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donaldm
Helper III
Helper III

Thoughts on Best Practice to load a large dataset?

I want to ask if someone could share their best practices on loading / converting large csv files into Power BI to reduce refresh times.

 

I have a 20mb monthly csv file and would like to append each monthly file into one table to perform time intelligence calculations.  First, I used Power Query to append each csv into a large file.  The refresh time is very long with only 2 months of data (20+ minutes)

 

On second approach, I used python to merge the 2 csv files outside of Power Query (using Juypter Notebook), and the size of the csv file with 2 months of data is 40mb. The refresh time on the Power BI is also very long (20+ minutes).

 

What approach should I use to improve refresh time? Should this data sit in a database (eg. Dremio or SQL server or MS Access)?

1 ACCEPTED SOLUTION
donaldm
Helper III
Helper III

Thank you for everyone's suggestions. Your responses allowed me to learn when to use data flow in the future!

 

I solved my problem: the problem was the csv file was stored on the network drive and it was throttling the refresh.  The solution now is to have store the file on OneDrive (or local drive) so I can refresh the file locally!

 

The change reduced refresh time from 20+ minutes to 10 seconds! 🙂

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4 REPLIES 4
donaldm
Helper III
Helper III

Thank you for everyone's suggestions. Your responses allowed me to learn when to use data flow in the future!

 

I solved my problem: the problem was the csv file was stored on the network drive and it was throttling the refresh.  The solution now is to have store the file on OneDrive (or local drive) so I can refresh the file locally!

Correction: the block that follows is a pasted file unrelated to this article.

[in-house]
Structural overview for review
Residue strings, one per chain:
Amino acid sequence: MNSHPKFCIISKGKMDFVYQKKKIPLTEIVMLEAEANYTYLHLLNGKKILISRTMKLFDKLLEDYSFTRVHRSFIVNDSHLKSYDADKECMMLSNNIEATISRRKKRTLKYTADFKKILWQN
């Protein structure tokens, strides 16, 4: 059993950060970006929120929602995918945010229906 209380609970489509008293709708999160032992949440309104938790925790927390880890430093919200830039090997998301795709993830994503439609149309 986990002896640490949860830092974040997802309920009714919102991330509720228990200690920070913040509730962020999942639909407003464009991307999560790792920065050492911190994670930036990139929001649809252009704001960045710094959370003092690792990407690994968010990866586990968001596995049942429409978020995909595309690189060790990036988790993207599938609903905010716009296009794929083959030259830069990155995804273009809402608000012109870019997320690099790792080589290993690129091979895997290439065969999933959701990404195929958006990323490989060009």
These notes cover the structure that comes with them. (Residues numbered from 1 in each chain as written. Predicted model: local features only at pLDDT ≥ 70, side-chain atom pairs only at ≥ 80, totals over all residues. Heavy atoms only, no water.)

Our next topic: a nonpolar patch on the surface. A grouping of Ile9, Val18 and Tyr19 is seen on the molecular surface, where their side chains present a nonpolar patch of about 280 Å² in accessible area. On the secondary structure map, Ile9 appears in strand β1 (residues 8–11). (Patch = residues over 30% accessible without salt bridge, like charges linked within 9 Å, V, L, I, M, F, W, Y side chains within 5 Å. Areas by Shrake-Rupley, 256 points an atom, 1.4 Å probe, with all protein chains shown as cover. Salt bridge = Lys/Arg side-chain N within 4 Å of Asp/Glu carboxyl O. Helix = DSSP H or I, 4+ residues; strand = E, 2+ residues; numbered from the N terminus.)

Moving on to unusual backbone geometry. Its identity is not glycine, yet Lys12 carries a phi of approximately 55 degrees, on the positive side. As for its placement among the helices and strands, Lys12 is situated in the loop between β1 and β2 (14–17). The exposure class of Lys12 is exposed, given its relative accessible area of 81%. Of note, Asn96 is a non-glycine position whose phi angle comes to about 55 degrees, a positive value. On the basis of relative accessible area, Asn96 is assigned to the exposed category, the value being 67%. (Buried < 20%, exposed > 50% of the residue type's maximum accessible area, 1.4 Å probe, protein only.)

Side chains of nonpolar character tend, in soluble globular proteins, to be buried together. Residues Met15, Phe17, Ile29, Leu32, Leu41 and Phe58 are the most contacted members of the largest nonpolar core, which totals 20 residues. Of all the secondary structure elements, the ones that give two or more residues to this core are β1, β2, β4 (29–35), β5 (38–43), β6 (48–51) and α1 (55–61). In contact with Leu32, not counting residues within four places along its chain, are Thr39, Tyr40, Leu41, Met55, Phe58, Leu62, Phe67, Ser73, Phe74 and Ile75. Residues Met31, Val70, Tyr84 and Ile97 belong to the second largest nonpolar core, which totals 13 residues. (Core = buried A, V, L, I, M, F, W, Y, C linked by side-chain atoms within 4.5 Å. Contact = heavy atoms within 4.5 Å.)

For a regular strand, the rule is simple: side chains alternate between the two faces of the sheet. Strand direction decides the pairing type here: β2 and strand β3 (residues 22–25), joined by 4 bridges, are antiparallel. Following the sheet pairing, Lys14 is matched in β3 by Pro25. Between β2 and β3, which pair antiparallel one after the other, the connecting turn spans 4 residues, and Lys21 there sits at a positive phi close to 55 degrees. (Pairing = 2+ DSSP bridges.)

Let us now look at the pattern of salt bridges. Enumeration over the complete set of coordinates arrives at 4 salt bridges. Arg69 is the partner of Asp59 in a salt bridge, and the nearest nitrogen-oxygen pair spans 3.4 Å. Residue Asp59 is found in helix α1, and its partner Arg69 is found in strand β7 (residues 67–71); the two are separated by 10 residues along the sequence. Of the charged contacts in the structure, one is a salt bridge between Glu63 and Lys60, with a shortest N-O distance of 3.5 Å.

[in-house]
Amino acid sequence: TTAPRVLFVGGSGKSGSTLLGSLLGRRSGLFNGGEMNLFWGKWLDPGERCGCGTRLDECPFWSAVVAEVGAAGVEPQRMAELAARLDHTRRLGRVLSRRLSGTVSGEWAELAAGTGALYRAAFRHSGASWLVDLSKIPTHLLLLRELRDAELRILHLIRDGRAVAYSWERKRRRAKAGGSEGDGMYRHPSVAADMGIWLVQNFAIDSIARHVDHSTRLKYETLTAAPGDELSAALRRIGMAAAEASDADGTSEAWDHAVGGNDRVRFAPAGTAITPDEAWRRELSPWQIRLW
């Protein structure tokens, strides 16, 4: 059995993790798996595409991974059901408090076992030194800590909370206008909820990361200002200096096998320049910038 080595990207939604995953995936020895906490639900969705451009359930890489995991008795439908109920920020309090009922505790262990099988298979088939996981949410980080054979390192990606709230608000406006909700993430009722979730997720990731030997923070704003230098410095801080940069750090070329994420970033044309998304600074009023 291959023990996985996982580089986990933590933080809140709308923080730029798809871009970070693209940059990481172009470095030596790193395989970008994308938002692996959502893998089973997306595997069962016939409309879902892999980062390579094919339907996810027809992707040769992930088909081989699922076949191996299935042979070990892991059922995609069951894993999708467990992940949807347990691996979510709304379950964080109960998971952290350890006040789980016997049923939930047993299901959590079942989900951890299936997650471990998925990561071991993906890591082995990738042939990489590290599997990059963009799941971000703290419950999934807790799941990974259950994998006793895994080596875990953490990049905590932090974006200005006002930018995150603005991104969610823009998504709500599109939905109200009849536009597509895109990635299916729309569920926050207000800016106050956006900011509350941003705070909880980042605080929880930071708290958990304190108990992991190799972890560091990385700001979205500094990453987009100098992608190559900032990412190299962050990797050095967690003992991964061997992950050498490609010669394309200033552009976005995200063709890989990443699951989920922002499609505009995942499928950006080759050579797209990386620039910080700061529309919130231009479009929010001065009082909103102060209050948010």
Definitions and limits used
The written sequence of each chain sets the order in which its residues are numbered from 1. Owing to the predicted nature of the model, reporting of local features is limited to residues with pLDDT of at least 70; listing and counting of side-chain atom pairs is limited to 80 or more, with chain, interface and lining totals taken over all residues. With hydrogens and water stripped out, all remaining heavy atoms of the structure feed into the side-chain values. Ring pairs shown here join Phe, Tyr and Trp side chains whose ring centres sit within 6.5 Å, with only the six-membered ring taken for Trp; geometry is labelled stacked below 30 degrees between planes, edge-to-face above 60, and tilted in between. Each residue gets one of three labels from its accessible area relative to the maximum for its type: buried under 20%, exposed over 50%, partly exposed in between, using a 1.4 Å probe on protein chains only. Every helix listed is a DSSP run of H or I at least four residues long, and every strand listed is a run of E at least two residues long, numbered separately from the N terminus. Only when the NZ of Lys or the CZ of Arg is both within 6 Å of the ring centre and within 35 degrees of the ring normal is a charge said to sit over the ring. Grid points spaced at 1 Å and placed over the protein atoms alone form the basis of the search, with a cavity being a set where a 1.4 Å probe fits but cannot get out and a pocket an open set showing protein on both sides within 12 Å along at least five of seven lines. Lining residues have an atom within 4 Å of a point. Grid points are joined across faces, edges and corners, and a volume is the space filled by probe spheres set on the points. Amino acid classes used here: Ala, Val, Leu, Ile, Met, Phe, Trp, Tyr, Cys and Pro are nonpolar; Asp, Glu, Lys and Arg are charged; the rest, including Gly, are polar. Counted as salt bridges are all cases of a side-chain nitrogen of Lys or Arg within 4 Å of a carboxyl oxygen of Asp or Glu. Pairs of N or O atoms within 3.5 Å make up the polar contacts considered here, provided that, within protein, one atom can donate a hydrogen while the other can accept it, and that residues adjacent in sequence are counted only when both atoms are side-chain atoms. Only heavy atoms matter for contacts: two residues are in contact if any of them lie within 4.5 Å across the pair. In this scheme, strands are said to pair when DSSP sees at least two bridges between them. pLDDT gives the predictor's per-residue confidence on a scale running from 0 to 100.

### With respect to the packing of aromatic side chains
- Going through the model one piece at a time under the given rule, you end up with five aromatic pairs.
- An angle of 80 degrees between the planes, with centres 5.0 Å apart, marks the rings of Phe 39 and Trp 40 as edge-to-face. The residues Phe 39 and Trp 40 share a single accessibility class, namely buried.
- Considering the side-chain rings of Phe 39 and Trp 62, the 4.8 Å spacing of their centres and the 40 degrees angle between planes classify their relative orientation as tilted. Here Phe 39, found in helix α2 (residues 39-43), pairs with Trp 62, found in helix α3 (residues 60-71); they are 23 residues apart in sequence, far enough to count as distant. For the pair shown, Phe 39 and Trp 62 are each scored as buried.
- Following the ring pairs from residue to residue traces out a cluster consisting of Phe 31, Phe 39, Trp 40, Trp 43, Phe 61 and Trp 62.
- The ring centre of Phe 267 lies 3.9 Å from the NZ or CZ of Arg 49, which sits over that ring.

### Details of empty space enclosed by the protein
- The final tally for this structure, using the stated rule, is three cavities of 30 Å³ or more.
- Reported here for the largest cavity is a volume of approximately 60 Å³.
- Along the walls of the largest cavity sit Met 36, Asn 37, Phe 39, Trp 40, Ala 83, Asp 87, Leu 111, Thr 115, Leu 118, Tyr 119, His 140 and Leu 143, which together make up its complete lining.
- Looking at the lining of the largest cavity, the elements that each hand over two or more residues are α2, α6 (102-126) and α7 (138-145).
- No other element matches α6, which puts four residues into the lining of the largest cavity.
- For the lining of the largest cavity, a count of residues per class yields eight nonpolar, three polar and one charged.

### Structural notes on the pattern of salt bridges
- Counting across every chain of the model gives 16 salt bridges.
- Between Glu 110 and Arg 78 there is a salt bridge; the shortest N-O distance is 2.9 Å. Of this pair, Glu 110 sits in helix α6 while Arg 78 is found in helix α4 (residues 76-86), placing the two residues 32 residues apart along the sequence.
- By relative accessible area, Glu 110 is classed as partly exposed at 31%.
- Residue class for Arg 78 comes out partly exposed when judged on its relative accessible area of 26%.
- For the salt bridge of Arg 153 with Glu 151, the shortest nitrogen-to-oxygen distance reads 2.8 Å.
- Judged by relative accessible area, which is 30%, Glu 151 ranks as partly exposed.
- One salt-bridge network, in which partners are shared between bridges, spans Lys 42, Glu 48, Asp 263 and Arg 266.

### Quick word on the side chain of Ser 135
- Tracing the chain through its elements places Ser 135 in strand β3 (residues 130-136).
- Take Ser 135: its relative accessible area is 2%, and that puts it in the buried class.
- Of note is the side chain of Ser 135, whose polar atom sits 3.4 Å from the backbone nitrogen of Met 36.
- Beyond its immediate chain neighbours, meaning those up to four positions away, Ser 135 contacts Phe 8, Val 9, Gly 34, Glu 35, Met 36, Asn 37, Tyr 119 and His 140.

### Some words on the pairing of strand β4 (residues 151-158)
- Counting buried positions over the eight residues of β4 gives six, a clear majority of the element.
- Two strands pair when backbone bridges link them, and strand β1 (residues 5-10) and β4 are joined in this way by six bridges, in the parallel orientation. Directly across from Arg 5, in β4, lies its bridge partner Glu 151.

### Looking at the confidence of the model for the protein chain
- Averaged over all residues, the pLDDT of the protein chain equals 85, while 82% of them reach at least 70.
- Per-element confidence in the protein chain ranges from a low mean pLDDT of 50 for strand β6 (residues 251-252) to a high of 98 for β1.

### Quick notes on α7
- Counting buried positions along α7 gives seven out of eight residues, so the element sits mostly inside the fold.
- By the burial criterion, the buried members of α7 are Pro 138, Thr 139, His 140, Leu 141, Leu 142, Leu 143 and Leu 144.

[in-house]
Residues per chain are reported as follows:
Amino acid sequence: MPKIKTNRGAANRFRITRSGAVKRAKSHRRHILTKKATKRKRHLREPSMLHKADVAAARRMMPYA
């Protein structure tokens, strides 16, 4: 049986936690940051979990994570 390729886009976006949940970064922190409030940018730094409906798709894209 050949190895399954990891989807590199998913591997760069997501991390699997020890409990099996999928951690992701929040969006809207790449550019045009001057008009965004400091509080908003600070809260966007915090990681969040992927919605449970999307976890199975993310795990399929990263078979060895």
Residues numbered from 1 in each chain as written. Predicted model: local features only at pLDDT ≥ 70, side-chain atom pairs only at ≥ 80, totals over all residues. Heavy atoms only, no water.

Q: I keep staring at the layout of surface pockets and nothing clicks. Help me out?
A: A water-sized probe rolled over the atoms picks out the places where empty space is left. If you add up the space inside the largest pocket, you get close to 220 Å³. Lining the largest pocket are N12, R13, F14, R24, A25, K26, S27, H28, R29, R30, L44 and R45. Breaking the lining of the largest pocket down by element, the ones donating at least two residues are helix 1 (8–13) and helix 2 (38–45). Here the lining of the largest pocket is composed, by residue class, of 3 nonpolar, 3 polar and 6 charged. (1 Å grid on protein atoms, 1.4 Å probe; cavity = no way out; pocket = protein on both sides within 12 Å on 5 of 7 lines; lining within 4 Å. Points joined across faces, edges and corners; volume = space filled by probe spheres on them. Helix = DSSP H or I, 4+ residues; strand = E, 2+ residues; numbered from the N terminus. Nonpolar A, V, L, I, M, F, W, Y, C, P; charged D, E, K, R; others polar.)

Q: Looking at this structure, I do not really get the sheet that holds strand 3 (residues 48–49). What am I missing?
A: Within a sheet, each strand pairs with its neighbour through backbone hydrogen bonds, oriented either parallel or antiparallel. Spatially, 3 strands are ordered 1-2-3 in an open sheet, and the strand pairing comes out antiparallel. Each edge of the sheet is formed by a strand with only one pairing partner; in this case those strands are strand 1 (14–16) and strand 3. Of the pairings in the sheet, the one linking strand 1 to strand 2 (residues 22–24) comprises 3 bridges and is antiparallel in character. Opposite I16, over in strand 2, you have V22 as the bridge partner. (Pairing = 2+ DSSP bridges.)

The change reduced refresh time from 20+ minutes to 10 seconds! 🙂

Greg_Deckler
Super User
Super User

@donaldm Are you doing a lot of heavy transformation? I have loaded 700MB CSV files in 2 minutes. Try taking out your default change type step if you have one. 

 

And yes, always better with an actual database backend like SQL.


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FrankPreusker
Advocate III
Advocate III

I have good experience utilizing Power BI Dataflows to inject and append several hundert (chunky) Excel files. This decouples the first step (merging) from the second one (data load to PBI).

Loading even big dataflows into PBI is a seamless experience in PBI Service.

speedramps
Solution Sage
Solution Sage

Hi donaldm

 

If you must use CSV in Power Query then try remove any unwanted rows or columns as soon as possible in your query before you do any other transformations.

 

SQL will be much quicker that CSV because of "Query Folding".

 

Power BI is not fast and will have to do all the CSV heavy lifting and shifting.

 

Whereas if you use SQL then Power BI will "delgate" the heavy lifting and shifting back to the SQL server which is super fast.

 

Remember we are BI community voluntrees so please click the thumbs-up for me taking the trouble to help you and then accept the solution if it works.  Thank you !

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